ALOR STAR, Aug 31 — Archaeologists have unearthed wrecks of ancient ships embedded in the mud of an ancient river which once flowed through the historical site of ‘Kedah Tua’, thousands of years ago.
The discovery was made at the Sungai Batu archaeological site which appears to be the oldest civilisation in Southeast Asia.
Religious, Siamese Community Affairs, Tourism and Heritage, Public Works Committee chairman Datuk Mohd Rawi Abdul Hamid revealed the discovery to Bernama in a recent interview.
He said: “The archaeologists stumbled on between five and seven ancient ships or barges. The masts (of the ships) were still visible. The ancient ships or barges measure 40 to 50 feet in length.
“All this while, the archaeologists were conducting research in the mangroves of the coastal areas, but with the use of satellite technology, (the archaeologists) were able to identify the exact location of the ancient river,” he said.
Mohd Rawi said the ancient ships were discovered about a year ago but the researchers had yet to make an announcement.
The Sungai Batu archaeological site is located in an oil palm plantation near Sungai Petani, in which since 2009, researchers had discovered various relics that are over 1,900 years old (110 AD).
The site has been verified to be an older civilisation compared with the Angkor Wat in Cambodia and the Borobodur Temple in Indonesia which were built in the ninth and 12th century, respectively.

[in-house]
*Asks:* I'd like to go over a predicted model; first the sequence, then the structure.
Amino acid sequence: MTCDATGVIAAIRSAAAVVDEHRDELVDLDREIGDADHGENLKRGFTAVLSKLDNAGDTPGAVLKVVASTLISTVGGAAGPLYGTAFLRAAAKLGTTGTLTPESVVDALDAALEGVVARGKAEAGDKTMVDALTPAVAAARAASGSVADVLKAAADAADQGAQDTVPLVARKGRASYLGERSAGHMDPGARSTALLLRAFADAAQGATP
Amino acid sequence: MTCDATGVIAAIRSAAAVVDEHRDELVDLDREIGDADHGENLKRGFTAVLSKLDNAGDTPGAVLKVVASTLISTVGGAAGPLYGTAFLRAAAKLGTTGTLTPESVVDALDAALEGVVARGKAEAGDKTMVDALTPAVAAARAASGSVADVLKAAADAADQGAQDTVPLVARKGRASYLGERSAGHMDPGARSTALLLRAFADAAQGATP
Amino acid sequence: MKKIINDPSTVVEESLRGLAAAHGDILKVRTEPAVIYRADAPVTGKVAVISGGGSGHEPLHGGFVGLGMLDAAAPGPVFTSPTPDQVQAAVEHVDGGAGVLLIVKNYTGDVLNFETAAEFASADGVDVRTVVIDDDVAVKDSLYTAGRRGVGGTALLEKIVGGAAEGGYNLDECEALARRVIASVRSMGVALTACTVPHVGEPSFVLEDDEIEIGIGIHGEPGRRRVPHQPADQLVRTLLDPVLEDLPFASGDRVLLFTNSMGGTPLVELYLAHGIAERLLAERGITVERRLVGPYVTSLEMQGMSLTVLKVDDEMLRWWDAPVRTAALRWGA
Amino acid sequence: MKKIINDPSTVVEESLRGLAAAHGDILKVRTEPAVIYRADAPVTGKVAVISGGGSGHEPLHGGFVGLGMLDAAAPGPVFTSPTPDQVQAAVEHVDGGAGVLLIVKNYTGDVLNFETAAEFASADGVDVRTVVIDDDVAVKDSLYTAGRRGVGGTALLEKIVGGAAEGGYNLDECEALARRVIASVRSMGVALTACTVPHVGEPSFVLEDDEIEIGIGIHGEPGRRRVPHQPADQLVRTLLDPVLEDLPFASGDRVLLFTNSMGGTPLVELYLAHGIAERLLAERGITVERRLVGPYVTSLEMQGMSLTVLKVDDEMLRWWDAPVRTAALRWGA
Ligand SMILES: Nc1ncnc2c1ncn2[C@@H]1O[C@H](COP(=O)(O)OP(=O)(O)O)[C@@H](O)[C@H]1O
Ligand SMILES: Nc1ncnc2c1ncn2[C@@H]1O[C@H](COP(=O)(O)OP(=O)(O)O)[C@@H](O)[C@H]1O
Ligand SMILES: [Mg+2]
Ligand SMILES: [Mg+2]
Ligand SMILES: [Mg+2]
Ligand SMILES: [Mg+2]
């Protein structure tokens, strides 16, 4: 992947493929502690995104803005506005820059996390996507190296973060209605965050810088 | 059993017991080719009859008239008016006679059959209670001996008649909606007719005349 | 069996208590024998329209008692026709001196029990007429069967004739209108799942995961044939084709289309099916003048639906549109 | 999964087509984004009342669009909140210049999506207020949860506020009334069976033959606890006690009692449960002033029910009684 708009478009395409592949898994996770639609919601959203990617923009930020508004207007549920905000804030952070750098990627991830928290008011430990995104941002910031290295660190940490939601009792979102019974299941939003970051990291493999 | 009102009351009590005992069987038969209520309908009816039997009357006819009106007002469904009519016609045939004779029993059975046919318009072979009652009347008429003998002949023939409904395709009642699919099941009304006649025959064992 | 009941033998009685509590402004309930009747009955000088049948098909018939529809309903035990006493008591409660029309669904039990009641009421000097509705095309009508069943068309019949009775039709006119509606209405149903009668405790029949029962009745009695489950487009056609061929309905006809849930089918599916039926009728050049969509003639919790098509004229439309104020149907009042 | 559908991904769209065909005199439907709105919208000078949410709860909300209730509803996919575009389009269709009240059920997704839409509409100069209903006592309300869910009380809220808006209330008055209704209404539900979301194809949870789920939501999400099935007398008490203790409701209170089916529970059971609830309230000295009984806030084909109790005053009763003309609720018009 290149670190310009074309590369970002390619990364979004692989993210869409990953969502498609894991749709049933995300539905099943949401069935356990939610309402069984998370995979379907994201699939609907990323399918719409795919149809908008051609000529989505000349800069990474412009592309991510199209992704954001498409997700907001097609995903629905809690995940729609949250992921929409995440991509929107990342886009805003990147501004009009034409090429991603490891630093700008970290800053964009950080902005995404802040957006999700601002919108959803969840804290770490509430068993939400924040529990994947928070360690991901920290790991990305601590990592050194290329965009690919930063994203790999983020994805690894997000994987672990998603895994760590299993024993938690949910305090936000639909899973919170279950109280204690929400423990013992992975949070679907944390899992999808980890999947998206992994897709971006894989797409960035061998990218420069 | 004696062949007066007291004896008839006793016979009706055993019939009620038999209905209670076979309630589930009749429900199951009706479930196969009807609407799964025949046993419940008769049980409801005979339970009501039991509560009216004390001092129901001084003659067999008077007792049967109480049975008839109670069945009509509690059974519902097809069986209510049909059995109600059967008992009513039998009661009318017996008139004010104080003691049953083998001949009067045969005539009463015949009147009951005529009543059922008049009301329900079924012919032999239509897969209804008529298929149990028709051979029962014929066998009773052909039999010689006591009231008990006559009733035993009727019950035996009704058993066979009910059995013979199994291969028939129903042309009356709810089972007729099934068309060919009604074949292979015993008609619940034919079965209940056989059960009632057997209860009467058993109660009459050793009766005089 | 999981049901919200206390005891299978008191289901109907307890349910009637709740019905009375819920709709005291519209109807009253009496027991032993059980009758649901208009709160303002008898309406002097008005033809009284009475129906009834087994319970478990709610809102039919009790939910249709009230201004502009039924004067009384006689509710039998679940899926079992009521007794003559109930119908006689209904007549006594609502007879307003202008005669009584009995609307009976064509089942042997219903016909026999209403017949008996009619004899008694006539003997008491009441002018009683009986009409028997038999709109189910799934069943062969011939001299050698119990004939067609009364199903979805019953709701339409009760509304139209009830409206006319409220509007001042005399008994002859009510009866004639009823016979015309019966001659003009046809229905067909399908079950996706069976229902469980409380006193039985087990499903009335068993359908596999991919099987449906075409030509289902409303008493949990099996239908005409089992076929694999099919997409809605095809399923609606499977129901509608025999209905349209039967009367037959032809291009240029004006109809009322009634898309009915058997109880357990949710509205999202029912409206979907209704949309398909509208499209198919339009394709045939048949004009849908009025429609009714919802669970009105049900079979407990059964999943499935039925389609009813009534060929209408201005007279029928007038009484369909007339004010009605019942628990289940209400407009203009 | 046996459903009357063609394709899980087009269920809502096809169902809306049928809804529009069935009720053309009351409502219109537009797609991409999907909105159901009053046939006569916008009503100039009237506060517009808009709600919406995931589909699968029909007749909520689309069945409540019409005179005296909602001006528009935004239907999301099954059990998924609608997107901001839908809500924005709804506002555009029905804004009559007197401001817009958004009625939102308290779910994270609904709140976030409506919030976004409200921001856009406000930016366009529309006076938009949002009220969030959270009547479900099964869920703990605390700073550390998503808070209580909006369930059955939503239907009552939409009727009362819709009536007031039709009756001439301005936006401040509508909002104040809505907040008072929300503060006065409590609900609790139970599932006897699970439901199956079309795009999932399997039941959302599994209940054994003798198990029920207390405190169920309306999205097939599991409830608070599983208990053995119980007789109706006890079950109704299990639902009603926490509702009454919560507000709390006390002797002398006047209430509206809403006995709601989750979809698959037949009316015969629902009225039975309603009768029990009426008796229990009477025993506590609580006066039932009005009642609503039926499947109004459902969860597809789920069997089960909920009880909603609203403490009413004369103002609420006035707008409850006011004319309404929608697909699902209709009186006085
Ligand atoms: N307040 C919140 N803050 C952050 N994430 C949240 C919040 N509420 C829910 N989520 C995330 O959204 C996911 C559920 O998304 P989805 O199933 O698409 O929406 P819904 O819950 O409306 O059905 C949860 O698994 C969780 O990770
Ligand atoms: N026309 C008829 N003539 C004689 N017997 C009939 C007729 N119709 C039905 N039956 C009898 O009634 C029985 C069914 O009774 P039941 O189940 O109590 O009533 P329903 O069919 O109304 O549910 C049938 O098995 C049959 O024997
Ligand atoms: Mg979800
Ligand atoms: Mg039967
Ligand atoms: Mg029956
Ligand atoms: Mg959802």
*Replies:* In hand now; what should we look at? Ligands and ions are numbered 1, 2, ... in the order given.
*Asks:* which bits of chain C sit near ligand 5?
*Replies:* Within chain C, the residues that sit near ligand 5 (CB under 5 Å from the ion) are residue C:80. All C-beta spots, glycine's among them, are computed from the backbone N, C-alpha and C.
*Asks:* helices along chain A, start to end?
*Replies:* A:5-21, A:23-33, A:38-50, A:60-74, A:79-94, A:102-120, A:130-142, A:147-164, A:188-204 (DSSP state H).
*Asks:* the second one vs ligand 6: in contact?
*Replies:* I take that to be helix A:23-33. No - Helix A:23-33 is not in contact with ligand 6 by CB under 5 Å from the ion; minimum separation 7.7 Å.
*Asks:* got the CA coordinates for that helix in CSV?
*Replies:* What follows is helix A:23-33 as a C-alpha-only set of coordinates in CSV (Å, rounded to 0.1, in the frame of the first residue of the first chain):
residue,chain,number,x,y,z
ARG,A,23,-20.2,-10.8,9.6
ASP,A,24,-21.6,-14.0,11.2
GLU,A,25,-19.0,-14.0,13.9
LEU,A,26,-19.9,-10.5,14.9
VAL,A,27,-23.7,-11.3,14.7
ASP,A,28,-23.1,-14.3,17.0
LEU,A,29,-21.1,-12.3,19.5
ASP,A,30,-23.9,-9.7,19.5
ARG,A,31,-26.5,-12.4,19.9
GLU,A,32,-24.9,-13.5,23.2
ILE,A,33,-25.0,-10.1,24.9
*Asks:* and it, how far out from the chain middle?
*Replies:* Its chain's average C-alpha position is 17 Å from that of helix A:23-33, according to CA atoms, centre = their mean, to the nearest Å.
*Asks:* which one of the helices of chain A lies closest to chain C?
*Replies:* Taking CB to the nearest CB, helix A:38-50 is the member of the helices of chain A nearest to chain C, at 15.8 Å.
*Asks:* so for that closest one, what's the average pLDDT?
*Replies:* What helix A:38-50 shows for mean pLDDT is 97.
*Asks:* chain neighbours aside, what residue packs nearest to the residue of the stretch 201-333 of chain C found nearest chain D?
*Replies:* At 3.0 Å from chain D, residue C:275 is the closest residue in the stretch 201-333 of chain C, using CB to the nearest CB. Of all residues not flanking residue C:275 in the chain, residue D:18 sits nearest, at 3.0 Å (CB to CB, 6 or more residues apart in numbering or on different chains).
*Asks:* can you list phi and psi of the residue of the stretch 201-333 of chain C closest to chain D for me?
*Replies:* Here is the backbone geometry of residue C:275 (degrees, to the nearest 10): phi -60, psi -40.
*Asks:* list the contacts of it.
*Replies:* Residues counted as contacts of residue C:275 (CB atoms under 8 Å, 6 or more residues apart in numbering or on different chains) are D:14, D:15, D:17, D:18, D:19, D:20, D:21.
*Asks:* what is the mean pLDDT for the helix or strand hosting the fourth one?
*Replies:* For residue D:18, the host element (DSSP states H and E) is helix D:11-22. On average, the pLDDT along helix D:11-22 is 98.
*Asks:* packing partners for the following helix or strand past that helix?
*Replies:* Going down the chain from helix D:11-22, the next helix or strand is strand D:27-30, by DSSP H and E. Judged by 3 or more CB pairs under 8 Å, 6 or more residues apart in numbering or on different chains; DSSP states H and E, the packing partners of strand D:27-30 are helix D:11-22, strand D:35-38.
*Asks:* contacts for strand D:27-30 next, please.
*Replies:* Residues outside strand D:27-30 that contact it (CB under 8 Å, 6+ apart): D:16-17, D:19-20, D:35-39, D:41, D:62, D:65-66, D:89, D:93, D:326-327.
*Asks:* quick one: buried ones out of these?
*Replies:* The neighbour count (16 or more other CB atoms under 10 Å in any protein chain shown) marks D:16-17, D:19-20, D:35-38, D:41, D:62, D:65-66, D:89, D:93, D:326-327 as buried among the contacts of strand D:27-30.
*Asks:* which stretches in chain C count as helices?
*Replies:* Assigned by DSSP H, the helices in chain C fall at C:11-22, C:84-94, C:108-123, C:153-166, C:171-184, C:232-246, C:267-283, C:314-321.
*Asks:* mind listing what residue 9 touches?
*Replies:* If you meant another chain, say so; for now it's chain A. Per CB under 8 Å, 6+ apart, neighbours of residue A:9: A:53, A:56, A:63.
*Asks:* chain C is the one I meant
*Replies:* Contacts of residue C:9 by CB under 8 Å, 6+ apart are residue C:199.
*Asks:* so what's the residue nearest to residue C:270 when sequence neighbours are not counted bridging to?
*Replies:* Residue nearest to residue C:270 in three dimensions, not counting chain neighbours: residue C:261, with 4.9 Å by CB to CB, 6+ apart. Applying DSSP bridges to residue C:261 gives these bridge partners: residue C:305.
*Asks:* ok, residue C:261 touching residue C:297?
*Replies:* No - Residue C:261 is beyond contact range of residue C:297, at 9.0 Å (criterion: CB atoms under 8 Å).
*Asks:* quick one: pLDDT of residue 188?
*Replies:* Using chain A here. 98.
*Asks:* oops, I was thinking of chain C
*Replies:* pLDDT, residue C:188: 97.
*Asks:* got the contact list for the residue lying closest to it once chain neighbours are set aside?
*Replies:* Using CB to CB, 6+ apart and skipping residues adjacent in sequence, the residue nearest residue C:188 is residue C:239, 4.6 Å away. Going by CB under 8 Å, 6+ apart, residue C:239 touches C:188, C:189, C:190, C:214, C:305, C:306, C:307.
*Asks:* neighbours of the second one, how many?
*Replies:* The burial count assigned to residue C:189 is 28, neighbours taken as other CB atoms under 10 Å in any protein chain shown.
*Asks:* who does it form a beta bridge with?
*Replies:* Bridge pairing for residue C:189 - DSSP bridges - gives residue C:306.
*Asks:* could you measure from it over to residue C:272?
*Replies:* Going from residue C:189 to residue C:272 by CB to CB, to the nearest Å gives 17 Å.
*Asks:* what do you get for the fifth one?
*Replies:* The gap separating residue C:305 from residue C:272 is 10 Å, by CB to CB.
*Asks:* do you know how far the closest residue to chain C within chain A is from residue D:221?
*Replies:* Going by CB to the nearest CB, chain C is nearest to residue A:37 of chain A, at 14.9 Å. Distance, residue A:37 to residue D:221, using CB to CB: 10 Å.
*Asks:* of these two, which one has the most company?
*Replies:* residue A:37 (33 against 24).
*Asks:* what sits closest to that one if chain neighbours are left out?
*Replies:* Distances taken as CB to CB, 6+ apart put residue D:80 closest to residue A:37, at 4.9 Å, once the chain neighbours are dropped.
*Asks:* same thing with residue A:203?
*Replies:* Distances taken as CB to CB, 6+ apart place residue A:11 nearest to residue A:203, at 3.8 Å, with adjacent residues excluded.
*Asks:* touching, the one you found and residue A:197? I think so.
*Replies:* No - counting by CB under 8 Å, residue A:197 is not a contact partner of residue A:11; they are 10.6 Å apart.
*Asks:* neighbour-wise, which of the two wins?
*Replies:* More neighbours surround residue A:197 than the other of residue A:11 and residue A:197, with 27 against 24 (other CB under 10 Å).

According to Mohd Rawi, the wrecks of the ancient ships were found embedded in a swampy and muddy area at the archaeological site, which thousands of years ago was a deep and wide river.
On efforts to retrieve the ships, he said discussions should be held between the state government and the federal government, as well as agencies involved due to its expected high cost.
Universiti Sains Malaysia (USM) Global Archaeological Research Centre director Profesor Datuk Dr Mokhtar Saidin when contacted, confirmed the discovery of the ancient ships.
“We discovered the remnants of the ancient ships when conducting the geophysics analysis (in the Sungai Batu archaeological site). However, we need to do more research and analyses before a final decision can be reached,” he said.
He did not rule out the ships to likely be the same age as the Sungai Batu civilisation itself.
Several archaeologists when met by Bernama at the archaeological site described the discovery of the relics as among the most important historical finding, so far.
Previously, the USM archaeological team had made some important discoveries such as iron smelting activities, port jetties and administrative buildings.
Nevertheless, the most important discovery was the circle-shaped monument which probably used for worship dating back to 110 AD or 1,900 years ago, by using the Optically Stimulated Luminescence technique. — Bernama